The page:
Title II prohibits state and local governments from discriminating against disabled persons in their programs and activities. Title II also sets forth the applicable structural accessibility requirements for public entities.
Title III prohibits private enterprises who provide public accommodations and services (e.g., hotels, restaurants, and transit systems) from denying goods, services and programs to people based on their disabilities. Title III also sets forth the applicable structural accessibility requirements for private entities.
Title IV makes available telecommunications devices and services for the hearing and speech impaired. These regulations spell out certain mandatory minimum standards telephone companies must maintain to be in compliance with the ADA.
Title V includes some miscellaneous provisions that relate to the construction and application of the ADA, including alternative dispute resolution.
To read the Time's article, click here. It is well worth your read.
Let me know what you think.
Monday, June 9, 2008
The reason it was so exciting for me to see was the fact they are funding research projects which are studying embryonic stem cells and how they may help find a cure for spinal cord injury. They have no restrictions on their research because they receive no federal funding. If you want to learn more about the Howard Hughes Medical Institute, you can visit their website by clicking here.
If you didn't see 60 Minutes last night, I encourage you to watch the video. I am curious to read any comments you might have.
Sunday, June 1, 2008
Friday, May 23, 2008
Saturday, May 17, 2008
According to Gary Pace, PhD, the clinical director from the May Institute's school for children and adolescents with brain injury, "Statistics reveal that eight young people die every day in alcohol-related crashes. Many of these deaths occur in the spring and summer months following prom night and graduation parties. And many of these fatalities are caused by traumatic brain injuries that, in most cases, are preventable."
Pace states those numbers come from the National Highway Traffic Safety Administration (NHTSA). His entire article may be read by clicking here.
Check out these related statistics and facts from the Centers for Disease Control.
As adults, we all know from personal experience how teens feel invincible. I remember as a 16-year-old telling my mother not to worry about me. "I'm not going to get hurt playing football." Or so, I thought.
Because of that sense of invincibility, many young people don't use their seatbelts. Studies show seatbelt use amongst teens goes down dramatically the later the hour.
If you're a teenager: buckle up, no matter the time of day, who's in the car or how far you're traveling. And please, please don't drink and drive, or get in a vehicle with a driver who has been drinking.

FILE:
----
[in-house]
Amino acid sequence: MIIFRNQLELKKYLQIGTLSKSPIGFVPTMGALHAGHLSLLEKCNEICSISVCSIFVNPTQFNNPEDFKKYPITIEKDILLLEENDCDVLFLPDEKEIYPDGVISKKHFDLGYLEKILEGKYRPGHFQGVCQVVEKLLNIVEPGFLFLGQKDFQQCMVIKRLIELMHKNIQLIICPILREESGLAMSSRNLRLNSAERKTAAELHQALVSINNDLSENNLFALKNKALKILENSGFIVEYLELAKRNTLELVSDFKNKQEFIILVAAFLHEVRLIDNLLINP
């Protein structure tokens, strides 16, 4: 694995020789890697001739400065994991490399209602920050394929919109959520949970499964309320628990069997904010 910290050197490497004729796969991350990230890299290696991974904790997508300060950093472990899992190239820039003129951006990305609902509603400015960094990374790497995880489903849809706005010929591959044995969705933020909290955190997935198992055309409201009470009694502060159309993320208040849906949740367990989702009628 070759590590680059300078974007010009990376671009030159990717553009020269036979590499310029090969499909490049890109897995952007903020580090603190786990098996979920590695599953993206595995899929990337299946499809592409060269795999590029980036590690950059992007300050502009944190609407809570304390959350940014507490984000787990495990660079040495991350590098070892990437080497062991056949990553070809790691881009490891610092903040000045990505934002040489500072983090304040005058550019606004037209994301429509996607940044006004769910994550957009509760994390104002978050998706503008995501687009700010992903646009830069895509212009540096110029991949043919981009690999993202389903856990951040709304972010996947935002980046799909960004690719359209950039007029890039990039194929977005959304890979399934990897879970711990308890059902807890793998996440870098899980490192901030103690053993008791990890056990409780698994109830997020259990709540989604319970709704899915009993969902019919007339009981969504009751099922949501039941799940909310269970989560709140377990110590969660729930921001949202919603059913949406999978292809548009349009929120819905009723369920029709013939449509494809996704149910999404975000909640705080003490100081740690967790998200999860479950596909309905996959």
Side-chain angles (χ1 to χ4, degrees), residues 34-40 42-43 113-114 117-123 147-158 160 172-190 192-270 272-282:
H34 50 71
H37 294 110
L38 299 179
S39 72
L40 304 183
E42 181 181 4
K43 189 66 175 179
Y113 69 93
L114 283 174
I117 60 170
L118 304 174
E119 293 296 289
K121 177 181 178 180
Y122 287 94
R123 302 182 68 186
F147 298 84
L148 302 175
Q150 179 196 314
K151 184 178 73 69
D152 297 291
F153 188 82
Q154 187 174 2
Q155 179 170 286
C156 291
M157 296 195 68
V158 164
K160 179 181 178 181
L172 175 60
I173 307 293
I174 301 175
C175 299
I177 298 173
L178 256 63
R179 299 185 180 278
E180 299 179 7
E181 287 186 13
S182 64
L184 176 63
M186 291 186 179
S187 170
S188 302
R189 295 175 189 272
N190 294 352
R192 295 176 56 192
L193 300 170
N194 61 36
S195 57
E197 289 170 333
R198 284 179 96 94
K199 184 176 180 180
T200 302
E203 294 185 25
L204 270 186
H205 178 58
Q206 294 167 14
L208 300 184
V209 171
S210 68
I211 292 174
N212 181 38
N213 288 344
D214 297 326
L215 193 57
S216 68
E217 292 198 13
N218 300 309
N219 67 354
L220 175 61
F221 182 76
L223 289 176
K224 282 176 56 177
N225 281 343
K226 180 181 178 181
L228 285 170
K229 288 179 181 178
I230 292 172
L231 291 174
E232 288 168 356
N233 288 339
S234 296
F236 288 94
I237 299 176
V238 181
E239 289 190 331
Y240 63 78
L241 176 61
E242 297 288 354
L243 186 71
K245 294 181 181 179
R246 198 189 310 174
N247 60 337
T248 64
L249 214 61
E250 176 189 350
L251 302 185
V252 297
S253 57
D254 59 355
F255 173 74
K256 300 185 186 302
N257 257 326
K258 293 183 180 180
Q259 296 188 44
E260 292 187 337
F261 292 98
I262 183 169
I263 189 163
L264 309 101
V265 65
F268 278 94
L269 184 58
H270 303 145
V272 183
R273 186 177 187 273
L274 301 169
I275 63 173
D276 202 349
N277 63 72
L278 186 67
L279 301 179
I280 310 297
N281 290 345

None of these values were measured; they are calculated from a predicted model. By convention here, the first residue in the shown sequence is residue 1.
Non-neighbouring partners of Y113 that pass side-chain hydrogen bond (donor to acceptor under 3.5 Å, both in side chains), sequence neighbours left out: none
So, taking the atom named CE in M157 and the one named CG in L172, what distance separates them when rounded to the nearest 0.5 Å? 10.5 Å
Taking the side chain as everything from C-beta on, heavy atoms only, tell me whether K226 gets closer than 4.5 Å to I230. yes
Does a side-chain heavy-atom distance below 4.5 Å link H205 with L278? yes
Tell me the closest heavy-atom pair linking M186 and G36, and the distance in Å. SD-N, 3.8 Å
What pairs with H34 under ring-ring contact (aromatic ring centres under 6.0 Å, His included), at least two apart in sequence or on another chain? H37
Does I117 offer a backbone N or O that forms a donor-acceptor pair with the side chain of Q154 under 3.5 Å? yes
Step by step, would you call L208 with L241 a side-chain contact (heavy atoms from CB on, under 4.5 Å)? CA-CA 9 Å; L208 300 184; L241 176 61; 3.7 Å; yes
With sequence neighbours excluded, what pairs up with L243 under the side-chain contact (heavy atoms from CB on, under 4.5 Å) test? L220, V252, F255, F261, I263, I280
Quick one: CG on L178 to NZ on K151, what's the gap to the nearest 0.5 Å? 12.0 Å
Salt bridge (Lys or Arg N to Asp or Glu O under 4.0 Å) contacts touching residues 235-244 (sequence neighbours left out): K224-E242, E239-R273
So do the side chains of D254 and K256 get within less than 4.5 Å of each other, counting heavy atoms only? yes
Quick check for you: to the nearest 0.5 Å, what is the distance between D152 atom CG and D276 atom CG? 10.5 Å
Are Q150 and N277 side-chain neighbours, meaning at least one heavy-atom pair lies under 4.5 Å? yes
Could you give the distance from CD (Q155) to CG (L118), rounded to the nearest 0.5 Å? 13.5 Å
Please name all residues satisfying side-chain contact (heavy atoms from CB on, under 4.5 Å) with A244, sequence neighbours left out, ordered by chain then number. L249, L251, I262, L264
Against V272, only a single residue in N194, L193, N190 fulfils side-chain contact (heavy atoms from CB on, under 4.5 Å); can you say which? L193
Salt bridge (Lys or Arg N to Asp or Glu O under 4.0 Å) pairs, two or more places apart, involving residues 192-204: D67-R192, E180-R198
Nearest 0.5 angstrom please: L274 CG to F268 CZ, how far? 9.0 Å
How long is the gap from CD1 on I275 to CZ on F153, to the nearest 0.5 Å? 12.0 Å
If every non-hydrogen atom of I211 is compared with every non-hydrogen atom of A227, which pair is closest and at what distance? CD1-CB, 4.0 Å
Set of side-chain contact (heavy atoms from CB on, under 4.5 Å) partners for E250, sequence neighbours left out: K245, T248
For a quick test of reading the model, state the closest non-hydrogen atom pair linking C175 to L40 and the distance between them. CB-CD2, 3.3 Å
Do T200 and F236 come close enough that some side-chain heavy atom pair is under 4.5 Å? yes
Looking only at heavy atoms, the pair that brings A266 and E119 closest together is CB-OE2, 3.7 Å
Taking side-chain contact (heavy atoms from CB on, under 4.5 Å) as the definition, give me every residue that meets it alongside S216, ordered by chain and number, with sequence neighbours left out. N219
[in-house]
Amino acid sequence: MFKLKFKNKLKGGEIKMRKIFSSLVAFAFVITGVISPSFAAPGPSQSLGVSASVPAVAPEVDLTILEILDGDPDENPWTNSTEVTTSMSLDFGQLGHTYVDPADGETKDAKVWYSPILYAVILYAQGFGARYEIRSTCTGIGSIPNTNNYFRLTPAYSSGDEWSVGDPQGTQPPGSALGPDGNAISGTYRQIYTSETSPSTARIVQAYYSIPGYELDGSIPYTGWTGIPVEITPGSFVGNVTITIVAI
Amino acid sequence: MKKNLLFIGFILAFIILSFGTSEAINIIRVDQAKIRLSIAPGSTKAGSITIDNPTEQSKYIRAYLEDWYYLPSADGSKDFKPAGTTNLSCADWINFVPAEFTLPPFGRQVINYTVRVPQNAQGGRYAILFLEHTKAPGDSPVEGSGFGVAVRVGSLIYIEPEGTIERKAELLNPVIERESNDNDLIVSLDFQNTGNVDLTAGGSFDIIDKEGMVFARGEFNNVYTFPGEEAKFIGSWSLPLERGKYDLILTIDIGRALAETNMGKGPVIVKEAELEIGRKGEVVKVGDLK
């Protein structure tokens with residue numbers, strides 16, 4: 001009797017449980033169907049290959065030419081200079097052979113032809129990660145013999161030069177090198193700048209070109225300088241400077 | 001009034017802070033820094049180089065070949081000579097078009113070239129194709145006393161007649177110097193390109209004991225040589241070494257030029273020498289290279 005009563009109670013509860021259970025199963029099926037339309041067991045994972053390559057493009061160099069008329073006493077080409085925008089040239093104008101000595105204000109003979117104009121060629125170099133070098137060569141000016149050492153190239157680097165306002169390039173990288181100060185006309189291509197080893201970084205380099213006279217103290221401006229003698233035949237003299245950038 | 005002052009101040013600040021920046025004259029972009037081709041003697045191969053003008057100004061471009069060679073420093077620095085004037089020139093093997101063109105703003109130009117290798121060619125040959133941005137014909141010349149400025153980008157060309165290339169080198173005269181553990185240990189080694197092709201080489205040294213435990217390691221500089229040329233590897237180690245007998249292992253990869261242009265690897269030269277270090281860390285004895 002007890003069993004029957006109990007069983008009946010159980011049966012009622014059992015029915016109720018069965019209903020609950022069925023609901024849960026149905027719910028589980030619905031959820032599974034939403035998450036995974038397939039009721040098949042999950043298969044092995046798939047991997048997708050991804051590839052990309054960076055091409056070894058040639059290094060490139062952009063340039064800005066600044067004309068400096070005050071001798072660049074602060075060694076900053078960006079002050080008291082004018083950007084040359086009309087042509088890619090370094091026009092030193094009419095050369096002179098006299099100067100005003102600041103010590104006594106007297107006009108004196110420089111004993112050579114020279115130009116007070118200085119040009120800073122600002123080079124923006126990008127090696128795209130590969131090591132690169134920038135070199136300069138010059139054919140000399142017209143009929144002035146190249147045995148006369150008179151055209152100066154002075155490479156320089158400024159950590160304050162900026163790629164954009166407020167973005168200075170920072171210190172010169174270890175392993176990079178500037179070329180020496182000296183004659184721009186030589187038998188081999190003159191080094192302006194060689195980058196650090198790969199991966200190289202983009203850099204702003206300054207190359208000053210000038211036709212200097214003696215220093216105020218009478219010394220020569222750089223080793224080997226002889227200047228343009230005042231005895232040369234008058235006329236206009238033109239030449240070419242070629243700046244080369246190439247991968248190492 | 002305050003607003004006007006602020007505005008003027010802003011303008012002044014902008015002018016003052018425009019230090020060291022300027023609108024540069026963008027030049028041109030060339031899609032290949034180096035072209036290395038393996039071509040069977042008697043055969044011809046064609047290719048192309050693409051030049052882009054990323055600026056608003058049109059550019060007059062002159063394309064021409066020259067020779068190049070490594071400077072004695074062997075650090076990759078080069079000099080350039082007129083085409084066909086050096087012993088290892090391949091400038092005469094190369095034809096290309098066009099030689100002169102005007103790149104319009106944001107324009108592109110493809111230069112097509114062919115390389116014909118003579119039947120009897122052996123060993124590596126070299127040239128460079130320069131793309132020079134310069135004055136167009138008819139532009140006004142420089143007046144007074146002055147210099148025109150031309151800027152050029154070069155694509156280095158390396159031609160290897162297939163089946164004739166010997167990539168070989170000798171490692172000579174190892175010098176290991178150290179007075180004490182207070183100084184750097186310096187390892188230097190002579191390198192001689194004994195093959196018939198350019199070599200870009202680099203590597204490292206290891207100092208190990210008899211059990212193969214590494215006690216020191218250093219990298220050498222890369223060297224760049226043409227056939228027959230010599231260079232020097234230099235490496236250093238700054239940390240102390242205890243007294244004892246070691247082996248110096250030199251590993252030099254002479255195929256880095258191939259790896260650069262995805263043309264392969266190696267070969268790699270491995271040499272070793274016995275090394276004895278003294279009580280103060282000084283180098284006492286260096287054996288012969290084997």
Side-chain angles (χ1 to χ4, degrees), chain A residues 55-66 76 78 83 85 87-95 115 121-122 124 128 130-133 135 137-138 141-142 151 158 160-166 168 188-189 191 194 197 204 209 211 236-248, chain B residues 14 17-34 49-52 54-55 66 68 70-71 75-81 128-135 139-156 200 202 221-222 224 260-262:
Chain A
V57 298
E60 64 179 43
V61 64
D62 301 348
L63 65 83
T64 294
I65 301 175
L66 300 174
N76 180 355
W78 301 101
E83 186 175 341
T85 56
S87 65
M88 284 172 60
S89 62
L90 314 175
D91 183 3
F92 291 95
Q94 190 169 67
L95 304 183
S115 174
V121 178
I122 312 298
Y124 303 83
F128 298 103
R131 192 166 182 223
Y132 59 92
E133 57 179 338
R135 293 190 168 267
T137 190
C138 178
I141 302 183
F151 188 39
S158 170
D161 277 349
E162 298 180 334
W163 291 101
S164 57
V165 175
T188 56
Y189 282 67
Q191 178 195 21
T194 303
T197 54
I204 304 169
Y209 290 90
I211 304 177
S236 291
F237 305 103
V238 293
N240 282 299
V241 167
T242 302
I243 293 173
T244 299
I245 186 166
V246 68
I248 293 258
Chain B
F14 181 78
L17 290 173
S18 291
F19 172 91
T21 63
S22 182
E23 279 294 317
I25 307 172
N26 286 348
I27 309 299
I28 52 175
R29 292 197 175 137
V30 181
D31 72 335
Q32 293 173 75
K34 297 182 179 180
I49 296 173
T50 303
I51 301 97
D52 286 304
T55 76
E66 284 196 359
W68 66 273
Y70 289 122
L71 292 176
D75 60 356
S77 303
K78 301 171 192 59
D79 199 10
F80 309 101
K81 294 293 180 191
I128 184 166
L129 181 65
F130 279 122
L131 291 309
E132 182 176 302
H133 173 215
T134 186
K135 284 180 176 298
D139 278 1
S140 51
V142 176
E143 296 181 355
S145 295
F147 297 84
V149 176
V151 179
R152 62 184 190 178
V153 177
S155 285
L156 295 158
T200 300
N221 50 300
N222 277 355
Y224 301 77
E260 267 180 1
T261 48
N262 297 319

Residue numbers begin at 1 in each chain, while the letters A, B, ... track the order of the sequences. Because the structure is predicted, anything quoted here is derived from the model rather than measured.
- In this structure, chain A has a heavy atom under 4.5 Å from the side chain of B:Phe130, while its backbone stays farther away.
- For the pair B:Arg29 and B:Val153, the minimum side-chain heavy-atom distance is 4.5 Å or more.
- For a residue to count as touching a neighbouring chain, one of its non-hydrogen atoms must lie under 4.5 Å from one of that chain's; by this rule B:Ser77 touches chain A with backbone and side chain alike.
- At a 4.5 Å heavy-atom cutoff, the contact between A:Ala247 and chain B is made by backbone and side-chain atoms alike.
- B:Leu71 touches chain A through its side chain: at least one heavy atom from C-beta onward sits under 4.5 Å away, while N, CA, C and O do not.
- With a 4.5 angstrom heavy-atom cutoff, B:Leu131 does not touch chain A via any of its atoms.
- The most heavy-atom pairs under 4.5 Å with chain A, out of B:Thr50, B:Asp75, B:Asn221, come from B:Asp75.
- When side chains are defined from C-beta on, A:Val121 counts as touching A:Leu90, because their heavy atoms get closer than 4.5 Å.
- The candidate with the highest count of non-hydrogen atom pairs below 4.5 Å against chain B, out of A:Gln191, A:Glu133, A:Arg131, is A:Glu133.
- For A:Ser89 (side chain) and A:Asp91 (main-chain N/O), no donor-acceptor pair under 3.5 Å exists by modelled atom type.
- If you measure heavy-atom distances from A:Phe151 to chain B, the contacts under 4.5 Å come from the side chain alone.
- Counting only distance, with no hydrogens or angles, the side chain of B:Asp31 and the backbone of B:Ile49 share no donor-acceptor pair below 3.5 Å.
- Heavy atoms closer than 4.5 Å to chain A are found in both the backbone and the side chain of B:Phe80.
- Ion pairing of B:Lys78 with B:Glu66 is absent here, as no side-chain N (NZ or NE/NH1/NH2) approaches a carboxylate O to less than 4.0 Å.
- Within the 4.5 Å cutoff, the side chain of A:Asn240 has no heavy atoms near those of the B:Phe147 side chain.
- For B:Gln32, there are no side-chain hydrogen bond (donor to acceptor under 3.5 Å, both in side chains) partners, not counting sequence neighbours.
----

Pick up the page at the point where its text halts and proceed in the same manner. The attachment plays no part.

Parents: take the time today to have that talk. If you've already had it, have it again!
I hope both you teens and parents have a wonderful prom and graduation night experience. Make sure you get plenty of pictures. It will give you something to look back on in a decade, or two, or three and laugh about!
Have a wonderful and safe spring and summer.
Sunday, May 11, 2008
His guests that night were incredibly funny people, namely Bob Hope, Dean Martin and he was interviewing George Gobel during this clip. Watch what Dean Martin is doing as George Gobel is talking to Johnny. Everybody seems to be aware of the joke except Gobel.
The reason I put this post up is to show just how far the paradigm has shifted with what we find funny and what used to pass as good, clean fun. Also, note both Martin and Gobel were smoking. We don't see that anymore.
See if you agree with me about how humor has changed.
Change is a constant in our lives. It is happening faster and faster all the time. I think it is important every once in a while to slow down and see where we have been to better appreciate where we are now and contemplate where we are going. I believe humor is a good barometer to measure change. What do you think?
I look forward to your comments.
Saturday, May 3, 2008
Click on the image to enlarge:
Dr. Roger Hallin was a physiatrist who happened to be at the game that night. He was also my rehab doctor when I was in Worthington. One day my physical therapist had me on the mat in the PT gym doing range of motion when Dr. Hallin came in. He gave me the best advise I have ever received. He said, "I want you to learn everything about your body and your injury you possibly can because you will be in situations when people won't know how to handle you, and you will have to tell them what to do."
I have learned a great deal about SCI, it's effects, the hope for a cure, and much more. However, a friend just sent me a website with answers to many other questions I had not even thought about.
The Morton Cure Paralysis Fund has a wonderfully informative website you can peruse and learn from by clicking here.
The following paragraph comes directly from their site: